Neighbourhood Planning Bill - Report (2nd Day)

Part of the debate – in the House of Lords at 3:30 pm on 28th February 2017.

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Photo of Lord Shipley Lord Shipley Liberal Democrat 3:30 pm, 28th February 2017

My Lords, I agree very much with what the noble Lord, Lord Framlingham, has just said. There is a big problem. The facts are these: more than 20 pubs are closing every week, and 2,000 pubs have been listed as assets of community value, but around another 40,000 have not been listed and, currently, have permitted development rights applied to them. As the London Borough of Wandsworth has demonstrated, it is possible for local authorities to use Article 4 directives on pubs, but that is a very complex process—and certainly in this respect far too complex for most areas.

I puzzled over the question of whether, if you have 2,000 pubs listed as assets of community value, there is actually a problem. If 2,000 community organisations can make a proposal for their pub to be listed, the process seems to work fairly way. However, there is another way of looking at that, which is the view that I take, which is that if communities feel that it is necessary to list 2,000 pubs as assets of community value, there is clearly a problem that needs to be solved, because 2,000 is a very large number. Of course, we have now experienced the fact that, despite 2,000 pubs being registered, large numbers have not been listed and have been lost. The solution is simply a minor amendment to the law to end permitted development rights and to require that any proposed change to a pub should secure planning permission. It is a simple remedy.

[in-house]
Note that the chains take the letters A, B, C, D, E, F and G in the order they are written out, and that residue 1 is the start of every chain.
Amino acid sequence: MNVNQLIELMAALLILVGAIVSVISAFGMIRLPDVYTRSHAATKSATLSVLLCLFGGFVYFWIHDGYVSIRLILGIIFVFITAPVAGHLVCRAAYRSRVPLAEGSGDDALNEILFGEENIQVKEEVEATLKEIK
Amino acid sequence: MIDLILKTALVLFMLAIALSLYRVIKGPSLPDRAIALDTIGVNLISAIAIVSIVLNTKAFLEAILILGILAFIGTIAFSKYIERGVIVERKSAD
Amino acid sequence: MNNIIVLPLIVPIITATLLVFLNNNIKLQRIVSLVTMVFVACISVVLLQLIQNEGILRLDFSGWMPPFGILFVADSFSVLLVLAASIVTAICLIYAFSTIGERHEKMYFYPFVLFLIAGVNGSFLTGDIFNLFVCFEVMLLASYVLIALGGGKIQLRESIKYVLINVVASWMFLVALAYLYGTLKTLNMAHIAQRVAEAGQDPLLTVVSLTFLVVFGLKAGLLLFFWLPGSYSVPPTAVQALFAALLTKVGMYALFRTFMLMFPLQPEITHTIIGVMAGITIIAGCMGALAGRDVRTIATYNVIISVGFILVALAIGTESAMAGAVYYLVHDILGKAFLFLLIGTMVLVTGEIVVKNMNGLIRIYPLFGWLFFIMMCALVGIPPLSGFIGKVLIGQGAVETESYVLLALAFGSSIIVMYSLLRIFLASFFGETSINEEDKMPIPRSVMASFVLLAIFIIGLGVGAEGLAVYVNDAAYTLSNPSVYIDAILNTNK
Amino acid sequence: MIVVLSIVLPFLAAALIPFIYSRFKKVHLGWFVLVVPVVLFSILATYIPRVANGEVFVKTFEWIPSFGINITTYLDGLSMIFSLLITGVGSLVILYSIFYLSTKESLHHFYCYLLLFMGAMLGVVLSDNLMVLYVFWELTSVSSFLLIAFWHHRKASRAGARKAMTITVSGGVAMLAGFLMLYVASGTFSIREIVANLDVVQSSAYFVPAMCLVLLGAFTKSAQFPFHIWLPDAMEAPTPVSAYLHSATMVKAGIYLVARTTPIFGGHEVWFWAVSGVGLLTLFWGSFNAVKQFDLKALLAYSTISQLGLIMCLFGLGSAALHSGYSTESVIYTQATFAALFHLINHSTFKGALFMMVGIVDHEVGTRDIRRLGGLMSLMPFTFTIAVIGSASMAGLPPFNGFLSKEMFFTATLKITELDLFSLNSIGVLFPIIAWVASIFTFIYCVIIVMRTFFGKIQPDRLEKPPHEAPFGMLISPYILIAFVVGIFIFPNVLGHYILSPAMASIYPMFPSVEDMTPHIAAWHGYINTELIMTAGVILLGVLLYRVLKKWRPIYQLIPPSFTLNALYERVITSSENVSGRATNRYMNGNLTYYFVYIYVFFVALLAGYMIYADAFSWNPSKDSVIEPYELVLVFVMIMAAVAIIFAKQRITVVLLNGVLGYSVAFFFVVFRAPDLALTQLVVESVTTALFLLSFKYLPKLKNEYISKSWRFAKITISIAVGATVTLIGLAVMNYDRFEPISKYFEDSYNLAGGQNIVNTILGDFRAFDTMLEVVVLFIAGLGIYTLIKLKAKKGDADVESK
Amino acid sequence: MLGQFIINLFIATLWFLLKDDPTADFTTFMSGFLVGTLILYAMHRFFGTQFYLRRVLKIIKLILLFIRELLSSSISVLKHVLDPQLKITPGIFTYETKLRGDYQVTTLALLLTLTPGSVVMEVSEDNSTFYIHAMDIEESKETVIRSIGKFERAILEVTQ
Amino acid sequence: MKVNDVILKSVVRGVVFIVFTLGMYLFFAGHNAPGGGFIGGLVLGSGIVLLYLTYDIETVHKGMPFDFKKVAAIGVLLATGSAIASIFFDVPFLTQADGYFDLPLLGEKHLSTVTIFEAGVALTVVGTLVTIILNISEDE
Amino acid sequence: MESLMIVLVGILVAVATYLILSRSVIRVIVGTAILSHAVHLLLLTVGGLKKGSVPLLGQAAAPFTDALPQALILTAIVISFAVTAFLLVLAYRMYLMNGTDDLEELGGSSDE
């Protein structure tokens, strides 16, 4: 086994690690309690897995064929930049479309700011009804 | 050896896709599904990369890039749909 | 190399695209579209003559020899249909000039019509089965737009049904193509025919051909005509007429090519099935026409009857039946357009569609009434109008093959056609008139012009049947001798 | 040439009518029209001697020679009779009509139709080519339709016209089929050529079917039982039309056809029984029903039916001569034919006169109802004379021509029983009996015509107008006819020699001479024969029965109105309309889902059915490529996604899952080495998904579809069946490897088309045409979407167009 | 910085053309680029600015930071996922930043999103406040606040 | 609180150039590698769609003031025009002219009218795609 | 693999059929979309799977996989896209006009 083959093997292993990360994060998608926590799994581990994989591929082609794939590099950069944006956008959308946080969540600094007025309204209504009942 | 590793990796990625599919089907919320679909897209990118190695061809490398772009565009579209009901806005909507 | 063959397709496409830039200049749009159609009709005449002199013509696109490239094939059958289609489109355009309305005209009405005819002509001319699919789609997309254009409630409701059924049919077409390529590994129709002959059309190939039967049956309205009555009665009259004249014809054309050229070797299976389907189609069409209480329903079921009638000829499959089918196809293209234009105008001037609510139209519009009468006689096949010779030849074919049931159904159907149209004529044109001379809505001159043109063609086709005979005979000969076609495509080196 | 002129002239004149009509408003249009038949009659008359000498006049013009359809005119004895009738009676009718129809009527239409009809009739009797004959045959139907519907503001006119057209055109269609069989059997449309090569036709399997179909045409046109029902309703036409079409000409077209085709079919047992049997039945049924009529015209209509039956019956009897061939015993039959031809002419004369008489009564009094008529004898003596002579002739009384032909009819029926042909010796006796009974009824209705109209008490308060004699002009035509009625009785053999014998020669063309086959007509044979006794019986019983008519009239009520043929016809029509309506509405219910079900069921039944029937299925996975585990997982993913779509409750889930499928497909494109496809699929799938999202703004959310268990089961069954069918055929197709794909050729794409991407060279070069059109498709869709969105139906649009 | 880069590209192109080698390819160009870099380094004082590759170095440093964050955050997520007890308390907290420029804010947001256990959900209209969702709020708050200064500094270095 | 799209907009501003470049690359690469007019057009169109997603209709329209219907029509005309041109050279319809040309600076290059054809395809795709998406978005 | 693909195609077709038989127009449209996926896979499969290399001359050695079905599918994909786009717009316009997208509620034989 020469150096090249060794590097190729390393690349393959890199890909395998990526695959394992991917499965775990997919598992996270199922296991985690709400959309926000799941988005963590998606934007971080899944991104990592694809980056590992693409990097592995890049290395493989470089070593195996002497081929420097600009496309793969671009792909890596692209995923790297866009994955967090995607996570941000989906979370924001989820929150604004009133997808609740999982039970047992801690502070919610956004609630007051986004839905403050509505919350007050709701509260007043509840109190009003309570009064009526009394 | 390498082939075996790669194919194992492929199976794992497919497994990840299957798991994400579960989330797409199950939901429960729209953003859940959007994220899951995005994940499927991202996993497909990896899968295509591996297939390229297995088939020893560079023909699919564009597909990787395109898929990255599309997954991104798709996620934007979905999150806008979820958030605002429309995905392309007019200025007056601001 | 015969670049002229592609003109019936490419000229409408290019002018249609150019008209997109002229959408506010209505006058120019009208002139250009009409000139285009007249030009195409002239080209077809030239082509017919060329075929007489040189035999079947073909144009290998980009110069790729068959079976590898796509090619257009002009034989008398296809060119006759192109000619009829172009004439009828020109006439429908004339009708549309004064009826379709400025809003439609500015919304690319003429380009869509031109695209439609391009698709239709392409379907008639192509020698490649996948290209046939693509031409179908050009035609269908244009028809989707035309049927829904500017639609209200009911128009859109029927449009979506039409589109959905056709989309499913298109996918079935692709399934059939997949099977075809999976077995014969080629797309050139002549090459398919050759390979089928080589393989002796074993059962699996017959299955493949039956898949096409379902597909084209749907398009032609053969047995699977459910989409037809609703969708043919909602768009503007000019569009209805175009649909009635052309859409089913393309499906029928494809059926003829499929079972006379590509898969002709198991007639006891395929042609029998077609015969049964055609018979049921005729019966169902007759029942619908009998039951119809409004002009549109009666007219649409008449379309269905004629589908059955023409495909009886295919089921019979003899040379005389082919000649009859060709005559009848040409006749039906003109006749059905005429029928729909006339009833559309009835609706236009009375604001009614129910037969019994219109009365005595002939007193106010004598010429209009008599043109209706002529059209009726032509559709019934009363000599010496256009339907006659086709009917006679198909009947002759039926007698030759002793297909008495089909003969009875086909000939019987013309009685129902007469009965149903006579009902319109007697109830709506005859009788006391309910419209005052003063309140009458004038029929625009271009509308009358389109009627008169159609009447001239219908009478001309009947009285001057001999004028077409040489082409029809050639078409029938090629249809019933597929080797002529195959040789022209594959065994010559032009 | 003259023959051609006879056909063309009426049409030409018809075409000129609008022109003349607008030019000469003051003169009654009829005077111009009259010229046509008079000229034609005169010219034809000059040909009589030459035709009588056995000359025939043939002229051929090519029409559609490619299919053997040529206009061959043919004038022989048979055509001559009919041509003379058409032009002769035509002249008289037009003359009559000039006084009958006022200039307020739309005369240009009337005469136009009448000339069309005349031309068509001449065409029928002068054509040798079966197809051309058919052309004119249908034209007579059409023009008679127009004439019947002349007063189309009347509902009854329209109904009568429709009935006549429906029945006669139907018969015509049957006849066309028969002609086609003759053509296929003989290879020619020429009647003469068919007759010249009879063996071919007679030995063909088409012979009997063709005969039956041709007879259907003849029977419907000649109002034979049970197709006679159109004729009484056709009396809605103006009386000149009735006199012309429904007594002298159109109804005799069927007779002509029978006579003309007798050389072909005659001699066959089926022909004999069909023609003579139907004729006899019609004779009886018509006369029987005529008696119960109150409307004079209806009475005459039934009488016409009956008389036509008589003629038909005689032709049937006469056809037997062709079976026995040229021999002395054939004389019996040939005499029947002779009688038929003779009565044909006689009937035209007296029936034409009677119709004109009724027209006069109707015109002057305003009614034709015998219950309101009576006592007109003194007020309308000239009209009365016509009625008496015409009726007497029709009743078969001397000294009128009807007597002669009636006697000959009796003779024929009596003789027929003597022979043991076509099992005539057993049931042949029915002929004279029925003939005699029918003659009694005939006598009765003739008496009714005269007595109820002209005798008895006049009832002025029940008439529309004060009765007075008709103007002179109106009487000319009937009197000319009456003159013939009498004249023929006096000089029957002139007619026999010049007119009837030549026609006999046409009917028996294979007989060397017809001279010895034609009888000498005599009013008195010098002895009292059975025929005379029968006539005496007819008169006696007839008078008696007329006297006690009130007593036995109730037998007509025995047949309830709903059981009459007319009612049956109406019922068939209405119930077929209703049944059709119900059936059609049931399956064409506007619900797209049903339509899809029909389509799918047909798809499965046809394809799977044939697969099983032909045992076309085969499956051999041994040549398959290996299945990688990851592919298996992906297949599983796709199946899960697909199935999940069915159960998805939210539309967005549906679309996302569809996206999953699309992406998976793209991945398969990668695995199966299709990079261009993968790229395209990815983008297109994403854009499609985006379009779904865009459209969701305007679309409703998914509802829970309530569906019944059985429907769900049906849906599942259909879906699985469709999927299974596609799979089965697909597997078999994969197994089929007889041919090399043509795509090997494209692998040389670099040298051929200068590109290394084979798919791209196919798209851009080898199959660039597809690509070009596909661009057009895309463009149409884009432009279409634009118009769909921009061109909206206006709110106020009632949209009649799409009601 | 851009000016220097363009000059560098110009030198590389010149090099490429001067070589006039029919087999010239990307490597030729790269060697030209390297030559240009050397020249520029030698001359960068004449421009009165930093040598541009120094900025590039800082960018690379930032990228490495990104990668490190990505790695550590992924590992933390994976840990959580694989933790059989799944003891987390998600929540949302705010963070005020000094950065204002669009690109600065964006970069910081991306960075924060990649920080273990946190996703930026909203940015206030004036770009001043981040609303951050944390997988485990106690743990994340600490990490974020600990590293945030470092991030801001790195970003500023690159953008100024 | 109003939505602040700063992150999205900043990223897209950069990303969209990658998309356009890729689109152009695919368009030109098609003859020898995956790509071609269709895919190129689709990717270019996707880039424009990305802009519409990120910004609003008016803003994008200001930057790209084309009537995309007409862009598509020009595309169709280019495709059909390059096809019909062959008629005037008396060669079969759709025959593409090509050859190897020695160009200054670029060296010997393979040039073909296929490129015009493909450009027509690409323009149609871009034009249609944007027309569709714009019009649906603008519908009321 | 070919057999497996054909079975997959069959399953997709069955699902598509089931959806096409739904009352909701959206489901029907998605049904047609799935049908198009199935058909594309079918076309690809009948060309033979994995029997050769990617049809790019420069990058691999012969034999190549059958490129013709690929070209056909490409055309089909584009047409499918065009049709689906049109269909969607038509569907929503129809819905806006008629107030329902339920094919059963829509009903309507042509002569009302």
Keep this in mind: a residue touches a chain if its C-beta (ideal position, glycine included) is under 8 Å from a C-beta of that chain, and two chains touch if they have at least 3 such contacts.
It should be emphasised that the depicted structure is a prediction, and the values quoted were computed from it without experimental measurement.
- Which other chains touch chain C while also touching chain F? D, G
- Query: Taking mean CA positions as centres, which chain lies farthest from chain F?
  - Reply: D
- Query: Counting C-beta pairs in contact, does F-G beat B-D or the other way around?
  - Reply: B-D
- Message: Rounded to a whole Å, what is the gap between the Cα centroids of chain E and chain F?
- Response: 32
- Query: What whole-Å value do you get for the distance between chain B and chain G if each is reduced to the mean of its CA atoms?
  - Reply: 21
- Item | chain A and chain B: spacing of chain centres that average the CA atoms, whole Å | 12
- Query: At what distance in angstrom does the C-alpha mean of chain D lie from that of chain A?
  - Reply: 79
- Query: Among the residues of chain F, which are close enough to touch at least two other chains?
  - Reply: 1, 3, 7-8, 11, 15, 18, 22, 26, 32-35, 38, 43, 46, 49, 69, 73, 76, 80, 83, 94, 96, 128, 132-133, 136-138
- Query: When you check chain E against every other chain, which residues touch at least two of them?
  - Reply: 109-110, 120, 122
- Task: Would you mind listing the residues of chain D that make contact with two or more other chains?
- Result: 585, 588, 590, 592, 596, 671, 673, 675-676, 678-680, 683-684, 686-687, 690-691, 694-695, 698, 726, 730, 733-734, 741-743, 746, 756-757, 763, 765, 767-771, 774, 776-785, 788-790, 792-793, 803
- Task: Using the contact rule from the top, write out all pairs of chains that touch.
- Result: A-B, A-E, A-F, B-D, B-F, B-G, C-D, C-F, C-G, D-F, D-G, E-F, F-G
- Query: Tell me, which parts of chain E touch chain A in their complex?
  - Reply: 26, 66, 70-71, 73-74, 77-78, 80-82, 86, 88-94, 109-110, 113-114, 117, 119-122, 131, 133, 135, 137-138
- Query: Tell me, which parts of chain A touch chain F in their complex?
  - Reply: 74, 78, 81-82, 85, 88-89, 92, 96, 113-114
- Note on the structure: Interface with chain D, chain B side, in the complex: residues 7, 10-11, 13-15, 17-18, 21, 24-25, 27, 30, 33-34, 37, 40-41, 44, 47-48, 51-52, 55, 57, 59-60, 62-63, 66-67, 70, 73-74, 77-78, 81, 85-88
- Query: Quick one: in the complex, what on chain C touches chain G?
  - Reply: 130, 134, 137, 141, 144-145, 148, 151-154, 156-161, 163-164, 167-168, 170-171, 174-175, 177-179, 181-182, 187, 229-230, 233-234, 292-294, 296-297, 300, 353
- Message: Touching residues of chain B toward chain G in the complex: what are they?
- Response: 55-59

After Committee, when we had lengthy debates about this, I saw in my local newspaper in Newcastle reference to a research project. It had been carried out by Northumbria University and funded by the British Academy. The research, undertaken by Professor Ignazio Cabras and Dr Matthew Mount, showed that there was stronger community cohesion in parishes with pubs. They examined 284 parishes and demonstrated that, where there was a pub, there were more community events and clubs than in parishes without a pub—even in parishes with a sports or village hall. The very existence of a pub promoted community cohesion. Their conclusion was that we needed legislation to prevent unnecessary closures. That has convinced me that we need to do something to address this problem. Removing permitted development rights seems the most effective way. Many pubs may still close, as we have heard, but some will be enabled to stay open. That should be our objective.